MedicalResearch.com Interview with:
Amye Tevaarwerk, M.D.
Assistant Professor of Medicine
University of Wisconsin School of Medicine and Public Health
Carbone Comprehensive Cancer Center
Wisconsin Institute for Medical Research (WIMR)
Medical Research: What is the background for this study? What are the main findings?
Dr. Tevaarwerk: These patients were enrolled on a larger clinical trial known as the Symptom Outcomes and Practice Patterns study (SOAPP). SOAPP recruited breast, prostate, colon and lung cancer patients directly during outpatient oncology follow-up visits. All of the patients were recruited between May 2006 and May 2008.
The parent study recruited 3123 patients, of these 680 patients had metastatic disease and 668 had employment data.
Patients were asked if they were working and if there had been a change due to illness. We were able to compare those stably working with those who had changed to “no longer working” and look at factors that associated with this change (age, gender, cancer type, race/ethnicity, time since diagnosis, location of metastatic disease, type of treatment, performance status, number of metastases, symptom burden.)
Medical Research: What should clinicians and patients take away from your report?
Dr. Tevaarwerk: The most important findings of the study are:
- Hormone therapy was associated with positive employment outcomes.
- Participants receiving chemotherapy, radiation therapy, and/or immunotherapy did not fare worse than those receiving no therapy at all (e.g. such treatments did not associate with negative changes in employment)
- Most importantly, low symptom burden was associated with continued employment. Symptoms and symptom burden may be modifiable (either by better treatment of the symptoms, work place strategies addressing the symptoms or even treatment of the underlying disease).
- This give us potential targets for future intervention studies, designed to improve work ability for metastatic cancer patients.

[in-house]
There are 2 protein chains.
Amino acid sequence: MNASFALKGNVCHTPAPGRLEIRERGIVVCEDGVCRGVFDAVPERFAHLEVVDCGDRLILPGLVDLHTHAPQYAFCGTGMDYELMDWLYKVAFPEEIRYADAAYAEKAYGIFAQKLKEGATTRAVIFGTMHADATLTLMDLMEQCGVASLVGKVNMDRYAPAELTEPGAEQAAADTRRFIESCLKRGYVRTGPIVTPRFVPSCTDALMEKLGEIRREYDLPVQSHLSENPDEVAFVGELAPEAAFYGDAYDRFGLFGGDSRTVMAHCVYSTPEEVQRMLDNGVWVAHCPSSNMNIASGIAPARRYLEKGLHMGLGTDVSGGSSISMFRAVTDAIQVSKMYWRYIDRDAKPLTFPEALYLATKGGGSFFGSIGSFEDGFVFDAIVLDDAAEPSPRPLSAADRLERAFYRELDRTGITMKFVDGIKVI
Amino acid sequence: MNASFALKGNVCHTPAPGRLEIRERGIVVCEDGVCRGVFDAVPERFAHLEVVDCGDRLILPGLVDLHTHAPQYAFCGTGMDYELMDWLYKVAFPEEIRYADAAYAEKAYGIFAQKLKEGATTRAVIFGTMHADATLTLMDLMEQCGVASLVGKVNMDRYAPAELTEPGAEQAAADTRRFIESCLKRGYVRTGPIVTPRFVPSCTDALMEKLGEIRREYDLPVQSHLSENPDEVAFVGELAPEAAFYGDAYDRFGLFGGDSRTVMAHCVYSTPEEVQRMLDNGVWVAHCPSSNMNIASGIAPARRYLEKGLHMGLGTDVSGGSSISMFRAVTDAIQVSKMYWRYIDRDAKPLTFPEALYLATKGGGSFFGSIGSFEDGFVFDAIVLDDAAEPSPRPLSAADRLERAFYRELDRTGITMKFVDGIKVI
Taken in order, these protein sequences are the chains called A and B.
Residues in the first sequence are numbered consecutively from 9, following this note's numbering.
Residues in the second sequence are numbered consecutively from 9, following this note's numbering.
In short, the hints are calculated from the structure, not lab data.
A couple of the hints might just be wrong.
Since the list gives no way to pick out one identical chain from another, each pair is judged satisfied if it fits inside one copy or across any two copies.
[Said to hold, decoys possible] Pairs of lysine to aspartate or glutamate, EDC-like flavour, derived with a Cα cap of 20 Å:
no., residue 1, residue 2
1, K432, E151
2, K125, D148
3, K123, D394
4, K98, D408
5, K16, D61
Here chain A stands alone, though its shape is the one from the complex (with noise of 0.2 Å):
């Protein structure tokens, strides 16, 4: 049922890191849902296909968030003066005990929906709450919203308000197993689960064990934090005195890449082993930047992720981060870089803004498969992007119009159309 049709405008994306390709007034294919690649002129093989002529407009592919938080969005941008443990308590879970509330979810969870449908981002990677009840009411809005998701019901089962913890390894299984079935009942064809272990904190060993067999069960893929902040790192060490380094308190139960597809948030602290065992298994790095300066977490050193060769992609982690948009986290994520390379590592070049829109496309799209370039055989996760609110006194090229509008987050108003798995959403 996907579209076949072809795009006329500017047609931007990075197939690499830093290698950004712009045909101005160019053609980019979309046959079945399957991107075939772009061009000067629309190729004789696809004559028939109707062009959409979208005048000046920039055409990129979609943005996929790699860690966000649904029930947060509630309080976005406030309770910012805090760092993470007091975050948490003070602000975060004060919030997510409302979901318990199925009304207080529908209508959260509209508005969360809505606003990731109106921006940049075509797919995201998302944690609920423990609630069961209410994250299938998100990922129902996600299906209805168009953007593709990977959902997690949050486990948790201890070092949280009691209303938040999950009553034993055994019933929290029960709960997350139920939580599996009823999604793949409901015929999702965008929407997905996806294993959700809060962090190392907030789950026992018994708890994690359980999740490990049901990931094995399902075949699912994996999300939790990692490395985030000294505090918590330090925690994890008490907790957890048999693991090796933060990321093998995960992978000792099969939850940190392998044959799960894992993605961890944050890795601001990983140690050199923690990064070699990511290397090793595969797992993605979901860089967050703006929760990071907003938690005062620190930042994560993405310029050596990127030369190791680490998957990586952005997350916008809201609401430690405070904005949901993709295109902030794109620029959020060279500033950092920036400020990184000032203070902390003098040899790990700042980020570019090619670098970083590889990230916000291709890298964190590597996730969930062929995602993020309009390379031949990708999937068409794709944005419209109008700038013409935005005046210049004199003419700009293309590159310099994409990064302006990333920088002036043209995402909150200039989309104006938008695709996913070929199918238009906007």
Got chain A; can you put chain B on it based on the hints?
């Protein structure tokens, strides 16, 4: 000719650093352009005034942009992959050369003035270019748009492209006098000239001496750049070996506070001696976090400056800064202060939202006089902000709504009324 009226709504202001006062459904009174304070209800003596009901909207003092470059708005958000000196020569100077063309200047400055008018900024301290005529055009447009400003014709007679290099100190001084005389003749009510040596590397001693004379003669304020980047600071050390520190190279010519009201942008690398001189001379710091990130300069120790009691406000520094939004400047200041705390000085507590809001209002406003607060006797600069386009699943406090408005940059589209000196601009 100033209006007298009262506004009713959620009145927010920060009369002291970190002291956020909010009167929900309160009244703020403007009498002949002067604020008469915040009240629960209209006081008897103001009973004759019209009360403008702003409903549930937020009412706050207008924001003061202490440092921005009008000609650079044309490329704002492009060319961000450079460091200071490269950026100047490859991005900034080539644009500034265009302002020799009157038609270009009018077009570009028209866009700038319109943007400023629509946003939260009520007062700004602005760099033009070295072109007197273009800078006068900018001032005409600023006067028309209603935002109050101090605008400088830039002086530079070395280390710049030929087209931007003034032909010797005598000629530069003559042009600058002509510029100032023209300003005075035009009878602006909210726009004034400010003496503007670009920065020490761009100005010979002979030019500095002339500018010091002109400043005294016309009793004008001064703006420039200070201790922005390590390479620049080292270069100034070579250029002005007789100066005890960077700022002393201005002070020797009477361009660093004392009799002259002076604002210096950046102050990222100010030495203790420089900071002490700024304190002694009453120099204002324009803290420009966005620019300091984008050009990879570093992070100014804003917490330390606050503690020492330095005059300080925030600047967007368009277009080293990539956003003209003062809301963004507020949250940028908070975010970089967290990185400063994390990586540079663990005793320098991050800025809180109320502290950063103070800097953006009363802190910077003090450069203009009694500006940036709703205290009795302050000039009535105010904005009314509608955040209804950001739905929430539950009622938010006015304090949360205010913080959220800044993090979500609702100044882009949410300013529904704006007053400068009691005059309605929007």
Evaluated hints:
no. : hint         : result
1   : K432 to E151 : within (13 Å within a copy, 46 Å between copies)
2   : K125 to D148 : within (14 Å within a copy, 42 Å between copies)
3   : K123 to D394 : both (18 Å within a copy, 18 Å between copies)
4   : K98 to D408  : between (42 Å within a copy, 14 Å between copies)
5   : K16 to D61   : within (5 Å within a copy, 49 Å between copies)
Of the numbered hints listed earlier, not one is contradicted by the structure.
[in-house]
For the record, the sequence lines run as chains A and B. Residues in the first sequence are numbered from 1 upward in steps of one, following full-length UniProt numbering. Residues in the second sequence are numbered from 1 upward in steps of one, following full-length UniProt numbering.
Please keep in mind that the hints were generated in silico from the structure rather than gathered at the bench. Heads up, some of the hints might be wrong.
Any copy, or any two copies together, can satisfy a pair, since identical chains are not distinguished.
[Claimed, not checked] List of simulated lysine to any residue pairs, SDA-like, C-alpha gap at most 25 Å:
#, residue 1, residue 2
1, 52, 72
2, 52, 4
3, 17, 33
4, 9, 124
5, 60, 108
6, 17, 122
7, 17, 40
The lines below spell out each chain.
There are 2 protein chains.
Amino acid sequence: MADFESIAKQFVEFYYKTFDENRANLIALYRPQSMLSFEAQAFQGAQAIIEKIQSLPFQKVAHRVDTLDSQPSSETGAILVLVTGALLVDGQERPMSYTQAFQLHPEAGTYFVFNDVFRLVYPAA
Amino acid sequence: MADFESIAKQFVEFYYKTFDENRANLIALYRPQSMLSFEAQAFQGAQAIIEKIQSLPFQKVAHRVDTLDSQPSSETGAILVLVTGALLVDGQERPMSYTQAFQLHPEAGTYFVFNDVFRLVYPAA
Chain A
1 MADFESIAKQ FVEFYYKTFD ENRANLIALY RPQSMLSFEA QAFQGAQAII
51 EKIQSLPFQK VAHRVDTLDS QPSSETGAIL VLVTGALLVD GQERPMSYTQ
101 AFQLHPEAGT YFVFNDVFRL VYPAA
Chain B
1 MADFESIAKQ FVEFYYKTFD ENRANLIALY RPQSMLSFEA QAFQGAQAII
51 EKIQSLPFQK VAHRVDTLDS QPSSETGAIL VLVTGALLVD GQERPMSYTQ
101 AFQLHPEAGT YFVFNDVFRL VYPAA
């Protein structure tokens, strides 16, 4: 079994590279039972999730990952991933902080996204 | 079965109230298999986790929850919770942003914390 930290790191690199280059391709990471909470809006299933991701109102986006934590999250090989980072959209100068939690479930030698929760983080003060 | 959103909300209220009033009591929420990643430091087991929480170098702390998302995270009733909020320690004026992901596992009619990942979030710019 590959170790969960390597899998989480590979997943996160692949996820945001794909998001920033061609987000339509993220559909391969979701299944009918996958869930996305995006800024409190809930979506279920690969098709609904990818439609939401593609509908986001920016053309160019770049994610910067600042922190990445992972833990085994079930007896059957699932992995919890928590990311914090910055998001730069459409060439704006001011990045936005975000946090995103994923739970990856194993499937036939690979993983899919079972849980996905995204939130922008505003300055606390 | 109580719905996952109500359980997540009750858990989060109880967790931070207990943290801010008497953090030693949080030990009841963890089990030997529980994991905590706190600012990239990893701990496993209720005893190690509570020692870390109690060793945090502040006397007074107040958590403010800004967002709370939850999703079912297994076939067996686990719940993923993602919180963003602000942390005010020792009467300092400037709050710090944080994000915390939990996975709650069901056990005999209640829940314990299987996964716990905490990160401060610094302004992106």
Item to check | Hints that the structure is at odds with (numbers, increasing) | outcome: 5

However, the parent study did not ask patients about the reason(s) for the change in work, and did not collect information about insurance, marital status, education, need to work, etc. Thus, we could not assess the impact of such factors. Such factors are likely important, and are being collected by as part of other clinical trials, which are either currently in progress or planned.
Nevertheless, this study is nearly unique in assessing employment status among a large, and exclusively metastatic patient population that includes the 4 most common adult solid cancers.
Moreover, our findings suggested that there are potential modifiable factors (e.g. high symptom burden) associated with change to “no longer working” and that managing either cancer or treatment related symptoms more aggressively might allow metastatic cancer patients to continue working (if they desire or need to.)
Working after a metastatic cancer diagnosis: factors affecting employment in the metastatic setting from ECOG’s Symptom Outcomes and Practice Patterns (SOAPP) study. Amye Tevaarwerk, Ju-Whei Lee, Abigail Terhaar, Mary Sesto, Mary Lou Smith, Charles Cleeland, and Michael Fisch. CANCER; Published Online: December 21, 2015 (DOI: 10.1002/cncr.29656).
Amye Tevaarwerk, M.D. (2015). Many Patients With Metastatic Cancer Continue To Work